It was during this time that the Maeda family constructed Kenrokuen Garden, today one of the three most famous in Japan. It is a strolling garden, and at a little over 25 acres in size, there is plenty of room to escape the pressures of the workaday world, even for a samurai lord. Strolling gardens were at their peak during the Edo period (1603-1868), when the aristocracy and feudal lords constructed them. Kenrokuen is open year round, and each season has its own beauty. Perhaps its most well known feature is Kotoji-toro, a stone lantern with two legs, said to resemble the bridge on a Japanese koto. It is an icon of both the garden and Kanazawa. One may notice the resemblance to the stone lantern in Buffalo's own Japanese Garden. That is no coincidence; the Japanese Garden in Delaware Park is a gift from Kanazawa to Buffalo.
Unfortunately for Kanazawa, the Maeda family was a little too slow to back the winning side during the overthrow of the Shogun's government, and so was excluded from the new government. Things got even worse with Japan's determined Westernization over the next several decades, and the traditional crafts and industries that had made the city so wealthy now lost their market. This was the time when Westerners such as Frank Lloyd Wright were able to scoop up thousands of Japanese wood block prints for a song because the Japanese themselves regarded these prints as vulgar. Kanazawa experienced a severe industrial downturn, and became a bit of a backwater.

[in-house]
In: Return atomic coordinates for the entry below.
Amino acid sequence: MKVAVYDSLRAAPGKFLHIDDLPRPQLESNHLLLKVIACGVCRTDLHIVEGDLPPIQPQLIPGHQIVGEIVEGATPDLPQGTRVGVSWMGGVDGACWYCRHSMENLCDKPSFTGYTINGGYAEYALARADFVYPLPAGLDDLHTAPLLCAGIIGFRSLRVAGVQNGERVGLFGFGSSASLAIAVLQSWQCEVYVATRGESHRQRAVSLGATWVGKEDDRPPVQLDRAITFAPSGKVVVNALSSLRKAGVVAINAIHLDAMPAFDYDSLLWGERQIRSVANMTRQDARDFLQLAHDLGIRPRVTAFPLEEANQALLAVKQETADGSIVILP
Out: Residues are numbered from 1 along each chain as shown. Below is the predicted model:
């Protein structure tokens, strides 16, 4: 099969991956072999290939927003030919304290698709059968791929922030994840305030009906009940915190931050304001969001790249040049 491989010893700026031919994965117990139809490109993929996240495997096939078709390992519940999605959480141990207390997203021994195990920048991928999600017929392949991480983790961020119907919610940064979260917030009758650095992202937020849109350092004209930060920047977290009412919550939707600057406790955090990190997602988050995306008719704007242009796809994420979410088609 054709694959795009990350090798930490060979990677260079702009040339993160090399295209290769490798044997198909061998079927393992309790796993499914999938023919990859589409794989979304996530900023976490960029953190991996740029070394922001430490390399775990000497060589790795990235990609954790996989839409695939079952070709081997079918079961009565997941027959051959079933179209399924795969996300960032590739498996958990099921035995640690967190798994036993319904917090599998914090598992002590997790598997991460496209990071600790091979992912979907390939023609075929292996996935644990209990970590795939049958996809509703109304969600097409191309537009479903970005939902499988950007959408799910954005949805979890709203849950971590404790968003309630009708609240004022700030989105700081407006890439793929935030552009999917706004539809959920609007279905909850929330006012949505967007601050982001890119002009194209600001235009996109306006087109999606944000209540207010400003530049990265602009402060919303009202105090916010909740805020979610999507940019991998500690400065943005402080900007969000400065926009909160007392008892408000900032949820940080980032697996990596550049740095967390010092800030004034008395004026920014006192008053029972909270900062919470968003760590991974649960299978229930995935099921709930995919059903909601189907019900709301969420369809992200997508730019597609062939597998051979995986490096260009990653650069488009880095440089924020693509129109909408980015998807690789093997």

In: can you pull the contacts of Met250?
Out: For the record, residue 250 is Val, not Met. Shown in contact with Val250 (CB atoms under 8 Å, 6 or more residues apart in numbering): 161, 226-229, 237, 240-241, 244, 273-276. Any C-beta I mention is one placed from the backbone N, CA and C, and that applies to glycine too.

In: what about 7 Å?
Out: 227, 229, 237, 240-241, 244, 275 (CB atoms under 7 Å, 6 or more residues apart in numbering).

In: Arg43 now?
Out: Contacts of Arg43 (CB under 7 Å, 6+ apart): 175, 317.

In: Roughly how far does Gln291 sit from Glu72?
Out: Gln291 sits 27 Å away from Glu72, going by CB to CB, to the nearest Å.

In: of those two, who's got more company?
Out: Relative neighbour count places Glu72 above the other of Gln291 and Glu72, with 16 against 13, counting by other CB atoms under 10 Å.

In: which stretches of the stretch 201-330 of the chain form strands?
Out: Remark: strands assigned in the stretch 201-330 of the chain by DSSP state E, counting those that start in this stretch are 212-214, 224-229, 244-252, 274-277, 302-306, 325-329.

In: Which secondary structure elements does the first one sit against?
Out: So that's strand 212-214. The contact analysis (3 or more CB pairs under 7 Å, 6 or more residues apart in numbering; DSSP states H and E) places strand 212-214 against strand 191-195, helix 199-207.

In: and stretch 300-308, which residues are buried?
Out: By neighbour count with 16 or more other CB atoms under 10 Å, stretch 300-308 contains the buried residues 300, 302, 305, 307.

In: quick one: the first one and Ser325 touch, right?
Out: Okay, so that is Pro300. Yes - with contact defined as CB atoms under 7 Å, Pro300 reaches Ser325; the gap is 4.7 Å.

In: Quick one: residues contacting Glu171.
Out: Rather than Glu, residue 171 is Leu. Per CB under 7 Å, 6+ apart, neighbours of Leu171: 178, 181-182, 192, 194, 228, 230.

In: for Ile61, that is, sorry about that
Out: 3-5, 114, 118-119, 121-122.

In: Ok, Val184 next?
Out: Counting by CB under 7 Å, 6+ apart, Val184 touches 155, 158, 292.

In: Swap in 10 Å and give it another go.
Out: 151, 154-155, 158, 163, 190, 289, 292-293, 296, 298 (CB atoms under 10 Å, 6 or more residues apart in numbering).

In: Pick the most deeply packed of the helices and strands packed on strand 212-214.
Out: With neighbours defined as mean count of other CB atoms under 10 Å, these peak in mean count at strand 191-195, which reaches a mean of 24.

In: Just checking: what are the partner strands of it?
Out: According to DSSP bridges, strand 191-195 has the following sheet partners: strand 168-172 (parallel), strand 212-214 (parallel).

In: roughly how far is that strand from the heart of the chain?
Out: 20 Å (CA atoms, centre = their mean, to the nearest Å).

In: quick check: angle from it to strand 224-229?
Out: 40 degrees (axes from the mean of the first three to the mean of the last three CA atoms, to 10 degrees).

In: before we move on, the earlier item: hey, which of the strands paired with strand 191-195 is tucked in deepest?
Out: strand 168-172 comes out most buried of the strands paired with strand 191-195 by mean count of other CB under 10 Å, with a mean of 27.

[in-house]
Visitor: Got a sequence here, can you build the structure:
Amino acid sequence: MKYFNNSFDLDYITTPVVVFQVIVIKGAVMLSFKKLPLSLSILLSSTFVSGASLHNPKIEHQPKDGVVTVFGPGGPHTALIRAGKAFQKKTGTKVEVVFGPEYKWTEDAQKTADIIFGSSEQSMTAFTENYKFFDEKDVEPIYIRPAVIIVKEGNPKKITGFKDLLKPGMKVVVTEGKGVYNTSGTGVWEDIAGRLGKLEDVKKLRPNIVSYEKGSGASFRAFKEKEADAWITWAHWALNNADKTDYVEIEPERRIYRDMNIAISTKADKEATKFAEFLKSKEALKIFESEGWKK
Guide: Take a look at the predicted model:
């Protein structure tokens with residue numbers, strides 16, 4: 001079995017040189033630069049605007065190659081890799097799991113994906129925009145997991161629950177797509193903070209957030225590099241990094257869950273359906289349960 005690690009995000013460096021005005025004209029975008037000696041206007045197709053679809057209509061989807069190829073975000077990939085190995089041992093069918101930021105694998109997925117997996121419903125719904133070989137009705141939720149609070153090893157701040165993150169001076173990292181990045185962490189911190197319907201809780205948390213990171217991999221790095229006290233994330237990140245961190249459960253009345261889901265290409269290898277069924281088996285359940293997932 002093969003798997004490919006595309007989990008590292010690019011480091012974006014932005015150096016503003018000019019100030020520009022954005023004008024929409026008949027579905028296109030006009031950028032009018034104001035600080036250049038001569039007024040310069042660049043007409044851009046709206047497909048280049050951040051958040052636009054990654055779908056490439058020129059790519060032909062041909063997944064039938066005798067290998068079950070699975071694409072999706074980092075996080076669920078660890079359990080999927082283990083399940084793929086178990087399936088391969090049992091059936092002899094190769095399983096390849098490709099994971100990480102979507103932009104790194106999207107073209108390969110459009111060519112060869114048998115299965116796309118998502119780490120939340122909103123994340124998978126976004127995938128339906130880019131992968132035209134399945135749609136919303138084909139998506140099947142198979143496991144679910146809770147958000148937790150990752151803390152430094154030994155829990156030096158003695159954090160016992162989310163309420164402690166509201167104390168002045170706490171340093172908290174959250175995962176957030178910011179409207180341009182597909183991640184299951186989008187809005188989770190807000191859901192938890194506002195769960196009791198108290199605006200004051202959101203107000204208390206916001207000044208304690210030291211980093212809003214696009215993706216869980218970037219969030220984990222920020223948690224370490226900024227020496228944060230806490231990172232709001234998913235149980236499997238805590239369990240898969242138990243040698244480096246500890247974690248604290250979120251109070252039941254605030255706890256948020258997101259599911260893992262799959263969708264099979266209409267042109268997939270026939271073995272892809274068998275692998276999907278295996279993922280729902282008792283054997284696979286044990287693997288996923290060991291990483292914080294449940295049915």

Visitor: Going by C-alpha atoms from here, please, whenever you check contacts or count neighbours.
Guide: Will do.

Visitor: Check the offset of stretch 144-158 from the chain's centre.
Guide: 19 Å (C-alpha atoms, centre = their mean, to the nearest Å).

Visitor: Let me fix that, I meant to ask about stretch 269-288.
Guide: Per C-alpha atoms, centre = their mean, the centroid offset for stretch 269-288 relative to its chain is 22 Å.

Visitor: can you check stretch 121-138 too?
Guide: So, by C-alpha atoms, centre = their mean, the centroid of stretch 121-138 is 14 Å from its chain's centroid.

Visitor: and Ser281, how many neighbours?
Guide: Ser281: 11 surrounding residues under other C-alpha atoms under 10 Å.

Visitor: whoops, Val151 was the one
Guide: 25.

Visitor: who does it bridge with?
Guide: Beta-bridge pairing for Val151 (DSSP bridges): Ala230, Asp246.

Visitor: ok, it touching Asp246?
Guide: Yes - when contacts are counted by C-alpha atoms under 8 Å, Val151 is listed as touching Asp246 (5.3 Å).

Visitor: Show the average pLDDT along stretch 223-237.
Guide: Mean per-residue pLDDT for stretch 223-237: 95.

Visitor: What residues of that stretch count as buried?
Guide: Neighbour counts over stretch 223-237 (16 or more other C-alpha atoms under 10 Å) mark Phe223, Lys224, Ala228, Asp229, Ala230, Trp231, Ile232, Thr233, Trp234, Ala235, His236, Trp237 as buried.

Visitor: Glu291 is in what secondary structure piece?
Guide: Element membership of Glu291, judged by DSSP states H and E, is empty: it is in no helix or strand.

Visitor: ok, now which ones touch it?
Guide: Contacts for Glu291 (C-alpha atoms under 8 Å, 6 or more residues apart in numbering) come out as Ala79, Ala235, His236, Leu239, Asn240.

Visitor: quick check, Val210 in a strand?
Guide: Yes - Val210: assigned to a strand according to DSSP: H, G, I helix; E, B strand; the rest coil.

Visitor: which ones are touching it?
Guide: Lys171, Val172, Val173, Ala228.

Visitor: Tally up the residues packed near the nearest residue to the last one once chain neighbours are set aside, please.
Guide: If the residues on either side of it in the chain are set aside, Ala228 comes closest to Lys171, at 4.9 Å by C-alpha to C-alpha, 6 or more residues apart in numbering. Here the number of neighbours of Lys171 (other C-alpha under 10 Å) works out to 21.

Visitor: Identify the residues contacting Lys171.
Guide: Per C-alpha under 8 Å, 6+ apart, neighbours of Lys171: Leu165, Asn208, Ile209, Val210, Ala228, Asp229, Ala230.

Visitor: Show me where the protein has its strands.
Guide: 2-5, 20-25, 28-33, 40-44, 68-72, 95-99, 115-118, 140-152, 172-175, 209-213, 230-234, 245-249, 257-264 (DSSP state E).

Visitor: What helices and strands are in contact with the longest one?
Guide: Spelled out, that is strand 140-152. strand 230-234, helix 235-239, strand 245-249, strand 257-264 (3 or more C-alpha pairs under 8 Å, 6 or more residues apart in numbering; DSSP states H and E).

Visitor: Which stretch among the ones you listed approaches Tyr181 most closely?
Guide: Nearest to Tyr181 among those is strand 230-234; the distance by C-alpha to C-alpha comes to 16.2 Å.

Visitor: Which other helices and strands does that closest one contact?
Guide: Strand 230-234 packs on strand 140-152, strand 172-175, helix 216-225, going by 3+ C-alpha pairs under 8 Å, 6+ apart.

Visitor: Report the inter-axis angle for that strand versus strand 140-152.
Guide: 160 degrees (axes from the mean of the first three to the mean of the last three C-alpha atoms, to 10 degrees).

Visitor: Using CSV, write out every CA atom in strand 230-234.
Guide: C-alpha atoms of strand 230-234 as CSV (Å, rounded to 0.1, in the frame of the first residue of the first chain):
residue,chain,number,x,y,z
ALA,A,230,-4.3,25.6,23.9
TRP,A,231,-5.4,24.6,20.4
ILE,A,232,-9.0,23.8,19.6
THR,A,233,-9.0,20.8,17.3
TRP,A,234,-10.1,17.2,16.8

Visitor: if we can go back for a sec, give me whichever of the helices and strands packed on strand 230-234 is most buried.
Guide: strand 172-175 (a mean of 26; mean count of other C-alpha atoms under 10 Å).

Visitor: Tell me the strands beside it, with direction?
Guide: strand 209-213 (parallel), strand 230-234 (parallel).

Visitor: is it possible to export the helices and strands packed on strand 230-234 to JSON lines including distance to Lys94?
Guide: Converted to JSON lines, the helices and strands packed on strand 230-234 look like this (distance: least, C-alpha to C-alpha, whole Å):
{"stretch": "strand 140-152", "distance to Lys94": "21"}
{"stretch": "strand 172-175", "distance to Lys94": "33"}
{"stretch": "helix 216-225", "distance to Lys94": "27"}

Because the Americans recognized the value of its cultural heritage, Kanazawa (and Kyoto) was spared the intense American fire bombing that left, for example, 100,000 dead in Tokyo in just one night's raid. Largely because of this, Kanazawa is today the best-preserved castle town in Japan. Kanazawa has leveraged this cultural heritage to rebuild its prosperity, and is today a living center of Japanese arts and crafts, drawing tourists from around Japan and the world. In fact, just this past June Kanazawa was named a City of Crafts and Folk Arts by UNESCO.
You can experience a taste of Kanazawa this Thursday, September 17 at "Celebration of the Japanese Garden" fundraising event at Marcy Casino in Delaware Park. At 4:30 and 6:00 you can join a walking tour of the garden, and in the casino you can enjoy a display of ikebana, a spot of Japanese tea, and a slide show on Kanazawa. All proceeds will go to benefit the projects of the Friends of the Japanese Garden of Buffalo. Their upcoming project is to fund traineeships for two Buffalo Olmsted Parks Conservancy staff to learn about Japanese Gardening in Japan in October 2009. The Olmsted gardeners will meet Japanese colleagues for an intercultural exchange and bring their experience back to Buffalo's Japanese Garden. Suggested donation is $15. For more information, call 716.830.8267.